Database: Close the Loop Properly
We’ve all seen it: that circular diagram with all the steps direct marketers live through, starting with campaign planning and list acquisition, passing through inevitable data processing steps, and concluding with selection and source coding steps. Then there is a little arrow that connects the last step back to the beginning, capturing the responses we all hope to get out of campaigns. Anyone exposed to one-to-one marketing must have seen at least a few versions of “closed-loop marketing” diagrams. The diagram could take a different form depending on the presenter’s agenda, but the core of the idea is represented in a box called “response analysis.”
That should not be news to any marketer; after all, the foundation of direct marketing lies in the concept of measurement. Lester Wunderman, known as the “father of direct marketing,” did not invent the one-to-one delivery medium, but he first attempted to systemize the result analyses and key measurement metrics. Unfortunately, not everyone in the direct marketing industry today measures their business via scientific and methodical approaches all the time.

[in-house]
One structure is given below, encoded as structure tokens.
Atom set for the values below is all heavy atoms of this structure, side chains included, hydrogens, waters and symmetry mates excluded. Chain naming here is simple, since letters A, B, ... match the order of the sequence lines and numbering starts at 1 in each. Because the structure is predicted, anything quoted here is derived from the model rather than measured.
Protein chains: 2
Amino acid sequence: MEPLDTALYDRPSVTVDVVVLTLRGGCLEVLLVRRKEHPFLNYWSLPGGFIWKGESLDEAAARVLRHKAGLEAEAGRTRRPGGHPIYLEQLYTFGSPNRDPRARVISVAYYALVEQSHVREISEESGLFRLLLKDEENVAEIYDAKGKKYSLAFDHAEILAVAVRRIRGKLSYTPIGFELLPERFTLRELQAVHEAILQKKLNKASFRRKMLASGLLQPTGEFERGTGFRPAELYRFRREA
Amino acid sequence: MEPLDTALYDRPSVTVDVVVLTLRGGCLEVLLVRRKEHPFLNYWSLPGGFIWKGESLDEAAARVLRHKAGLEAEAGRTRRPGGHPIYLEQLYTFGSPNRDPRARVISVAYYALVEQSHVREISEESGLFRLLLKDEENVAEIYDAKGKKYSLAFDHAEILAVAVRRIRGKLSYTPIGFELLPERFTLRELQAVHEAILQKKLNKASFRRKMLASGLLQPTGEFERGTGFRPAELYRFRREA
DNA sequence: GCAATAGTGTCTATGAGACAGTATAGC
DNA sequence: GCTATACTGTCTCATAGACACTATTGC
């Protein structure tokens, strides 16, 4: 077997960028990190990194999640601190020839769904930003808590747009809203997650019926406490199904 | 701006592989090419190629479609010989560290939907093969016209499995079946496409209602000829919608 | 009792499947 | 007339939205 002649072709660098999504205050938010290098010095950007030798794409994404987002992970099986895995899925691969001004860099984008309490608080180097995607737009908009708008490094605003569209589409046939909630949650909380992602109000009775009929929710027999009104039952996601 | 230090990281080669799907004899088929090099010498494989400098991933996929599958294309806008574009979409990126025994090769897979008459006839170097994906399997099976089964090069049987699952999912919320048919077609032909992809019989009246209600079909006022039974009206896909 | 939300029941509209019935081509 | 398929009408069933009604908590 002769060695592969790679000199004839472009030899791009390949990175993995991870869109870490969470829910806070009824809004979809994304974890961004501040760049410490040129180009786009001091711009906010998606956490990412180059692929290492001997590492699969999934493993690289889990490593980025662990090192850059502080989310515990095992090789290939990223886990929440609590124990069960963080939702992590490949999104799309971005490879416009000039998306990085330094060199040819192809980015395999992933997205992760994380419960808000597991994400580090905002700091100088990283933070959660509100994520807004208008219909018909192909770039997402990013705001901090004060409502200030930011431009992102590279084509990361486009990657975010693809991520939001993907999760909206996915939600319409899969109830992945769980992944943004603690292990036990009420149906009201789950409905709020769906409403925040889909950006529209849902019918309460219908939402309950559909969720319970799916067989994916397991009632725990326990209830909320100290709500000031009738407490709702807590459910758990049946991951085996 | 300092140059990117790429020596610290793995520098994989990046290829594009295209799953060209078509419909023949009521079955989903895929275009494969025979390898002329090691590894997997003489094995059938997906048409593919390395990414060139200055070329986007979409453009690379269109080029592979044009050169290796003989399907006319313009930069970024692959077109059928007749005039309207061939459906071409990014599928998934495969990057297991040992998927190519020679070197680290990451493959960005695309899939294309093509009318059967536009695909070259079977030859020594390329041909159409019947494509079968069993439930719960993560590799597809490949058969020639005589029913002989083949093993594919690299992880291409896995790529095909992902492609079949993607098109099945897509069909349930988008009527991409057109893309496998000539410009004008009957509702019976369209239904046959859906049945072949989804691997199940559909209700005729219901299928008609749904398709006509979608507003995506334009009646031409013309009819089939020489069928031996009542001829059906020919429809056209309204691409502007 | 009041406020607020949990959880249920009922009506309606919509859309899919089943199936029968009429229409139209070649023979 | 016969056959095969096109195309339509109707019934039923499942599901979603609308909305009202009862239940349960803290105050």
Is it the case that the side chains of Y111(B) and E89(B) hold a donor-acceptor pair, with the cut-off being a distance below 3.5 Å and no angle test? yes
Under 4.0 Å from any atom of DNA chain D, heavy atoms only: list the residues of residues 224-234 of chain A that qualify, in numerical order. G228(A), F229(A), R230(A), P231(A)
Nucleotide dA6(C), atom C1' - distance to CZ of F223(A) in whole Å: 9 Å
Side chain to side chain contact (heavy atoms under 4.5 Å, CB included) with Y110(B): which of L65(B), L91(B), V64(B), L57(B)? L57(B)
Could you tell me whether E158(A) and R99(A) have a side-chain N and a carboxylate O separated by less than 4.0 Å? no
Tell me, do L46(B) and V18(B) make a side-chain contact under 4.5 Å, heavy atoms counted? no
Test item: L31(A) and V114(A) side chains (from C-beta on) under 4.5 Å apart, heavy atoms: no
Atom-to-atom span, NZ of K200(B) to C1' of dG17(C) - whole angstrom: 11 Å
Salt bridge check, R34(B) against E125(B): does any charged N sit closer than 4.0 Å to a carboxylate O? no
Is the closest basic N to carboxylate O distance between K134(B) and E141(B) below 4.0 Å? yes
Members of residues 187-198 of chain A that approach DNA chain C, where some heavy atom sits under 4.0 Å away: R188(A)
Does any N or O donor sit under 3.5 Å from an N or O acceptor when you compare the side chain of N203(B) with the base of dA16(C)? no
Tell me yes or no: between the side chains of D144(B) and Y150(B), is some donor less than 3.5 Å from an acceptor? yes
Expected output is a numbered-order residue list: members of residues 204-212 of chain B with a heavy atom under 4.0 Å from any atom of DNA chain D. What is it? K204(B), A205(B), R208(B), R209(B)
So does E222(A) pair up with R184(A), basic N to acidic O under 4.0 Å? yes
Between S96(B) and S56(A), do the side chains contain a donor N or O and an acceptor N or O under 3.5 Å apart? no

Matchback: Do It Carefully
It would be ideal if all marketers had the luxury of properly designed marketing databases with a built-in “closed-loop” mechanism; however, the reality is many still rely on anecdotal information on a campaign level. The trouble with that approach is marketers cannot examine the results based on detailed data points such as name source, selection logic and creative versions tagged in the individual/household-level source codes. The match process becomes essential since the collection rate of source codes at the time of transaction can be unacceptably low when dealing with newer response channels such as the Internet.
A simple matchback process can provide all the necessary result details, granted that the master mail file was maintained properly and the response data contained usable name and address information. It’s hard to believe this step is overlooked by many mailers due to extra costs and resource requirements. Nonetheless, once committed to the response matchback, it is important to pay attention to the details of the process:
• Campaign and time window. Allow a consistent time window for responses if multiple campaigns are analyzed.
• Match logic and rules. Soft-match logic using names and addresses must be tweaked in advance to prevent over- and under-matching situations that can affect the validity of subsequent result studies.
• Data reconciliation. Collected source code information often does not agree with the master mail file. Information on the master file typically is trusted over manually collected figures.
• Date window. If there are multiple campaigns going on in close proximity in time, rules must be in place to credit proper campaigns for responses. Generally, the latest campaign gets the credit, as long as the response date is not too close to the mail-drop date.